Culture, Ethnicity, and Sport Management: A New Zealand Perspective
AbstractThere is a growing recognition of the need to understand the impacts of culture and ethnicity on sport consumption, and to identify the consequent implications for sport management and marketing. Styles and patterns of sport involvement vary across cultures, sometimes requiring that associated rules, rituals, and ceremonies be modified or adapted to fit particular cultural settings. Patterns and styles of interpersonal communication also vary across cultures. Two dimensions of cultural difference in interpersonal communication - inclusion versus exclusion and egalitarianism versus respect - have particular potential to affect sport participation negatively if they are not accommodated appropriately. Depending on their sensitivity to cultural differences, the policies and practices of sport managers in multicultural settings can enhance or worsen inter-ethnic relations, recruitment, turnover, motivation, and involvement. Needed research and implications for the management of sport are highlighted.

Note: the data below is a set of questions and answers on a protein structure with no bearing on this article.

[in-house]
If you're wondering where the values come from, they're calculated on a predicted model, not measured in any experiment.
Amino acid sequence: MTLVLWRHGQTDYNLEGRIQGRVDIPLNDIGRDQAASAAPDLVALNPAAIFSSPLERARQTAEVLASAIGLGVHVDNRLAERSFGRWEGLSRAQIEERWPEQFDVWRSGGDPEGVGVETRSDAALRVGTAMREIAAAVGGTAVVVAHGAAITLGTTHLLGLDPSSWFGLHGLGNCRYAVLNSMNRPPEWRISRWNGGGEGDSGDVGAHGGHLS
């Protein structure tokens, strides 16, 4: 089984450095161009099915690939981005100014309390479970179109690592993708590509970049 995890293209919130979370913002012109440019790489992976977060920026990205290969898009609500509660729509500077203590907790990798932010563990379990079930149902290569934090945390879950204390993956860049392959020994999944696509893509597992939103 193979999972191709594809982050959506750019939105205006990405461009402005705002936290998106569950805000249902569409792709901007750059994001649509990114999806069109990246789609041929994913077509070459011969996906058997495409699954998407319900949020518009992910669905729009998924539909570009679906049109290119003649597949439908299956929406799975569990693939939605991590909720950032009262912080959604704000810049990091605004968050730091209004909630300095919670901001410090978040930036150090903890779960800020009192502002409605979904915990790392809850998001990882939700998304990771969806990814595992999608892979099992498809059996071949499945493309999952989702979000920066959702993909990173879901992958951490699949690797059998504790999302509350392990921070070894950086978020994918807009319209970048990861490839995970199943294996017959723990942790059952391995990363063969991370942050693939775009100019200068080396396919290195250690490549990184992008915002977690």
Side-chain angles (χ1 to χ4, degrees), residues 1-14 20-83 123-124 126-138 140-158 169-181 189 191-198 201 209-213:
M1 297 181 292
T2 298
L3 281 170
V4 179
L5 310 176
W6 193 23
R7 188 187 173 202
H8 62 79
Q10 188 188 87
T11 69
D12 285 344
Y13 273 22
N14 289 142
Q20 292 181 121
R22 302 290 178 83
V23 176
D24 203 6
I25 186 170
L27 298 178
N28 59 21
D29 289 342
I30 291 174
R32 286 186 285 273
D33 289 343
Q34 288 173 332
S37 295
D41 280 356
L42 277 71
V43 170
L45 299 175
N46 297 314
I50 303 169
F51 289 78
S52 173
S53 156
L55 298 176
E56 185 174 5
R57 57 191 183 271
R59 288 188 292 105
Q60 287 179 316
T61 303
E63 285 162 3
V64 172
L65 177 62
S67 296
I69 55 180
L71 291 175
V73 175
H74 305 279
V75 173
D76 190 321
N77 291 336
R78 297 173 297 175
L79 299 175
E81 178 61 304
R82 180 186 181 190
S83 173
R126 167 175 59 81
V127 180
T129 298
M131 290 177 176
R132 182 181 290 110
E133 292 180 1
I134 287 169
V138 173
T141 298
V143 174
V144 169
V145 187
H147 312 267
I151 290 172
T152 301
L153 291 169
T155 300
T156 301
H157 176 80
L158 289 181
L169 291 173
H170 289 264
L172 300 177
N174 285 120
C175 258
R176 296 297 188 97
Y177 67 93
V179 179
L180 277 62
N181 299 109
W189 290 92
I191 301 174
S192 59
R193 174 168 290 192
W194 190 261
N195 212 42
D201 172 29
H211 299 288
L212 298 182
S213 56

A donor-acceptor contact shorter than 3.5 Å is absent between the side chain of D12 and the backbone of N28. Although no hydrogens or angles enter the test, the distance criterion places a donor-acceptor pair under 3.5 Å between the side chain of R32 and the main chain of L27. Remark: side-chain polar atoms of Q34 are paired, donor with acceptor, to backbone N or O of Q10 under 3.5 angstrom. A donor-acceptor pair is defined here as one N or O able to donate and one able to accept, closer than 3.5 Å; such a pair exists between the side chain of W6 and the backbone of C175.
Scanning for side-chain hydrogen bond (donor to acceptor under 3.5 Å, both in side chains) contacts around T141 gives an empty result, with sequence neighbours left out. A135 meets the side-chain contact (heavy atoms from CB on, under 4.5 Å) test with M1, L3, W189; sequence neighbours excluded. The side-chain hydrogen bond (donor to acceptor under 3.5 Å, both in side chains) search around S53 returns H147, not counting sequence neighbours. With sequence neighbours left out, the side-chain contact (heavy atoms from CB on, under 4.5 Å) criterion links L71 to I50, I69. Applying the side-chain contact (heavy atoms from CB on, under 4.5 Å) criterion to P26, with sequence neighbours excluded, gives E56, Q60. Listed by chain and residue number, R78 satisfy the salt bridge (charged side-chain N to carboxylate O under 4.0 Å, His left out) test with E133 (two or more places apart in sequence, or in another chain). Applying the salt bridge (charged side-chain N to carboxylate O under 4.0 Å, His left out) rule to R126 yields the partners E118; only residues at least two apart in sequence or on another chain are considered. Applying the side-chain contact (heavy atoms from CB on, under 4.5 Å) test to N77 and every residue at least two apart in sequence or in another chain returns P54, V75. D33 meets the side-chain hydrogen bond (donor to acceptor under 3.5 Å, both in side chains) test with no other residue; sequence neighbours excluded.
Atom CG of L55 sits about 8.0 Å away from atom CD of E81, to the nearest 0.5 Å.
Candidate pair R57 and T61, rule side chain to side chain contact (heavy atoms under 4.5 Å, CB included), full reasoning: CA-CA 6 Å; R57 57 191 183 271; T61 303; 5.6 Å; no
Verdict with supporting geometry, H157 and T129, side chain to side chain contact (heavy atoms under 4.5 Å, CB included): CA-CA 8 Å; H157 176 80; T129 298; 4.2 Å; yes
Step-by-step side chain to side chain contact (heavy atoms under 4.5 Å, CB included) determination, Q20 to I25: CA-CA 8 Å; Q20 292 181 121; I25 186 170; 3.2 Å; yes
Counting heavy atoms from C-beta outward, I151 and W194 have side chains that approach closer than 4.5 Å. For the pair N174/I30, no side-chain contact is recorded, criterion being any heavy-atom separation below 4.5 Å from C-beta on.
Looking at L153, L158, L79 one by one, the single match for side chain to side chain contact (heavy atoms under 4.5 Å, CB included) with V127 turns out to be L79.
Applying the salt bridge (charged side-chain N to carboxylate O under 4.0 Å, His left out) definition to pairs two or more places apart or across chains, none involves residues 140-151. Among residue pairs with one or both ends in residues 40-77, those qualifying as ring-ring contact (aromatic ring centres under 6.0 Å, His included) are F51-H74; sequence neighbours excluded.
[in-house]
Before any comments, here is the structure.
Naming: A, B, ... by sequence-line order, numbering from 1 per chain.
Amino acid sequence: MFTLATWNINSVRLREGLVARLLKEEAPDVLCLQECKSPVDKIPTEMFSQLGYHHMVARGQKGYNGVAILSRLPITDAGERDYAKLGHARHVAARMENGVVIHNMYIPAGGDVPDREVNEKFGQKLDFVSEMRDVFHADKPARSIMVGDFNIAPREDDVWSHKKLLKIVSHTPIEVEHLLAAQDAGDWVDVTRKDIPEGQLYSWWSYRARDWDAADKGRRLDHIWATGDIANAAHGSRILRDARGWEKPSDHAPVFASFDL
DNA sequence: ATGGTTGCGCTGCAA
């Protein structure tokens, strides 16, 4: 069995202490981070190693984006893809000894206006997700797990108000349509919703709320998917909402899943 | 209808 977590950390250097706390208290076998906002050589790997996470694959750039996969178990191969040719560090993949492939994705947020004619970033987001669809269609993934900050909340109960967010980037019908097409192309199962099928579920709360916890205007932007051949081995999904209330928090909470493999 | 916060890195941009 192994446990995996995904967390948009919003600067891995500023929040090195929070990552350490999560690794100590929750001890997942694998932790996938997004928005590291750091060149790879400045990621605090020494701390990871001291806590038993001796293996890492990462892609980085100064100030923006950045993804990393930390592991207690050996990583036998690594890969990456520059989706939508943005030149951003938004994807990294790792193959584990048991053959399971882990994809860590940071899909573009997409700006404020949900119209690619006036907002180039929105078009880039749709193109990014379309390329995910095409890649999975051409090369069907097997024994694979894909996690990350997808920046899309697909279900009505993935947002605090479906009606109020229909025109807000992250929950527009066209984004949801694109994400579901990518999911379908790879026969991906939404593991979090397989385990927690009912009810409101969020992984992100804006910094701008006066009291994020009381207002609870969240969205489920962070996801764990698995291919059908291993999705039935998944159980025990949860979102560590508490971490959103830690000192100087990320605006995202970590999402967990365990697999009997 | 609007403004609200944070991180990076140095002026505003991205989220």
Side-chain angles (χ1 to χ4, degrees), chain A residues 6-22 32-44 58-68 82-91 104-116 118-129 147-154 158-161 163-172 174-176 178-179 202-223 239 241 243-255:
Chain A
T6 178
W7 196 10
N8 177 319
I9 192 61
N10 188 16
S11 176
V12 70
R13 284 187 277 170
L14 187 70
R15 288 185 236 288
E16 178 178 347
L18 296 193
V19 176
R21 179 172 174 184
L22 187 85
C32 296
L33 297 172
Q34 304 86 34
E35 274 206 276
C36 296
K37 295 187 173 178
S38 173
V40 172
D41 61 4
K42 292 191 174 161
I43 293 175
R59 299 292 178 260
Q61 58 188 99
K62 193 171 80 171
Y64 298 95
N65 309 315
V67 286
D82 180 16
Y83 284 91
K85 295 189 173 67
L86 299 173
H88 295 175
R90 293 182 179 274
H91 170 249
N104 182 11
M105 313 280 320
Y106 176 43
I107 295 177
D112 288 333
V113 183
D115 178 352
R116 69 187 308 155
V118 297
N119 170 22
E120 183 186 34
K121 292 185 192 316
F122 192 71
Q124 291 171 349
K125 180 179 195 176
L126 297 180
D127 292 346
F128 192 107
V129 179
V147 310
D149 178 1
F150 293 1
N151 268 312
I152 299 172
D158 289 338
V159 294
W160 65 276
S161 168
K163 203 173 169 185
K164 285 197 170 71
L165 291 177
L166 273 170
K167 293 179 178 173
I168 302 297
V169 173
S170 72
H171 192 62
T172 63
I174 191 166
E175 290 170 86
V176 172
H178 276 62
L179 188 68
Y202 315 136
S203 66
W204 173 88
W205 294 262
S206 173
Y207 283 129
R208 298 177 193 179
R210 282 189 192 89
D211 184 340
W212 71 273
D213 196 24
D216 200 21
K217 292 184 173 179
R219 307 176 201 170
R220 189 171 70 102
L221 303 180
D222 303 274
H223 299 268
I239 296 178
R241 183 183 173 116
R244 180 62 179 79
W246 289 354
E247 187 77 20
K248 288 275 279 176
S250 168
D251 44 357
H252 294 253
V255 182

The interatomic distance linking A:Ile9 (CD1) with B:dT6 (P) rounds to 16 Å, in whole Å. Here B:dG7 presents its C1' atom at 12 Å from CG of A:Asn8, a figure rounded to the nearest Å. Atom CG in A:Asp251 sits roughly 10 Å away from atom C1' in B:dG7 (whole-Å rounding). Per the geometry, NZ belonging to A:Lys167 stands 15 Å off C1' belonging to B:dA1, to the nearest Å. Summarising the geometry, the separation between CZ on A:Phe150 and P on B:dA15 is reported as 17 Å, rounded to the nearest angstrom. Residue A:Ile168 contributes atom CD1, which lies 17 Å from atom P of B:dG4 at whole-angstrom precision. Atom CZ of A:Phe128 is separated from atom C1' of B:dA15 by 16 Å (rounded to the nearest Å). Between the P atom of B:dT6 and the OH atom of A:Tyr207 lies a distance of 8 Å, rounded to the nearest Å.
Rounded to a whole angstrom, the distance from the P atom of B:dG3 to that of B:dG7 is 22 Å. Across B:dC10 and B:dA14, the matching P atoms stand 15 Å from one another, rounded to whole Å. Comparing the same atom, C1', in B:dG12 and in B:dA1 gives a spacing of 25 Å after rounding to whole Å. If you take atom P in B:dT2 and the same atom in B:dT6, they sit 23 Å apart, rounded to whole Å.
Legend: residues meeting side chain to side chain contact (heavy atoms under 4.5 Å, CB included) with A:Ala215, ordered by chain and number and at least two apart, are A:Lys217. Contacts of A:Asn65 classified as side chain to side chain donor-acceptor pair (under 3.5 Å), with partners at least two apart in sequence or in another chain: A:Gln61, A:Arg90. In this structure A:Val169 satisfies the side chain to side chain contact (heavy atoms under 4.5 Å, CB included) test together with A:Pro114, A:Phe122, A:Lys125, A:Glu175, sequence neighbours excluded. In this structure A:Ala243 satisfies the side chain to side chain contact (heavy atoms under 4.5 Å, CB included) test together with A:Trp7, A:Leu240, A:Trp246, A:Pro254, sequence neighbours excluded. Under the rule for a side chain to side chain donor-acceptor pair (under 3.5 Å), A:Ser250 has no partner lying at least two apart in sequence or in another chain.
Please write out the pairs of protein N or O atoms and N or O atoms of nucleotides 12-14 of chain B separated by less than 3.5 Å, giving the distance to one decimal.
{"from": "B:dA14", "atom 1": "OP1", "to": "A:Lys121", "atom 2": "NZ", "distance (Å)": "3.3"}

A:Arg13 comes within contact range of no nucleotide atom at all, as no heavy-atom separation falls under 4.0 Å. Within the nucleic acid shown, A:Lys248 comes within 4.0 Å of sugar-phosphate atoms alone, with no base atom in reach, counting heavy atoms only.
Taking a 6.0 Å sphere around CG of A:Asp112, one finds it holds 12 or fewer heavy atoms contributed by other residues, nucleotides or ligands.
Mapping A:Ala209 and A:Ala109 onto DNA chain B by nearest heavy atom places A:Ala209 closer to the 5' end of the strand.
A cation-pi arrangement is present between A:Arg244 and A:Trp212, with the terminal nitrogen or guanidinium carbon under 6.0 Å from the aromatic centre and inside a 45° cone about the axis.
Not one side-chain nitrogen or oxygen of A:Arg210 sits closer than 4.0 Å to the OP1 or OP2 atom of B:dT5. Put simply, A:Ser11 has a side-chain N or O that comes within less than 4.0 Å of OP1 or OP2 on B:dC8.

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Bibliographic InfoArticle provided by Elsevier in its journal Sport Management Review.
Volume (Year): 2 (1999)
Issue (Month): 2 (November)
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Web page: http://www.elsevier.com/wps/find/journaldescription.cws_home/716936/description#description
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- Palmer, Farah R. & Masters, Tina M., 2010. "Maori feminism and sport leadership: Exploring Maori women's experiences," Sport Management Review, Elsevier, vol. 13(4), pages 331-344, November.
- Thomson, Alana & Darcy, Simon & Pearce, Sonya, 2010. "Ganma theory and third-sector sport-development programmes for Aboriginal and Torres Strait Islander youth: Implications for sports management," Sport Management Review, Elsevier, vol. 13(4), pages 313-330, November.
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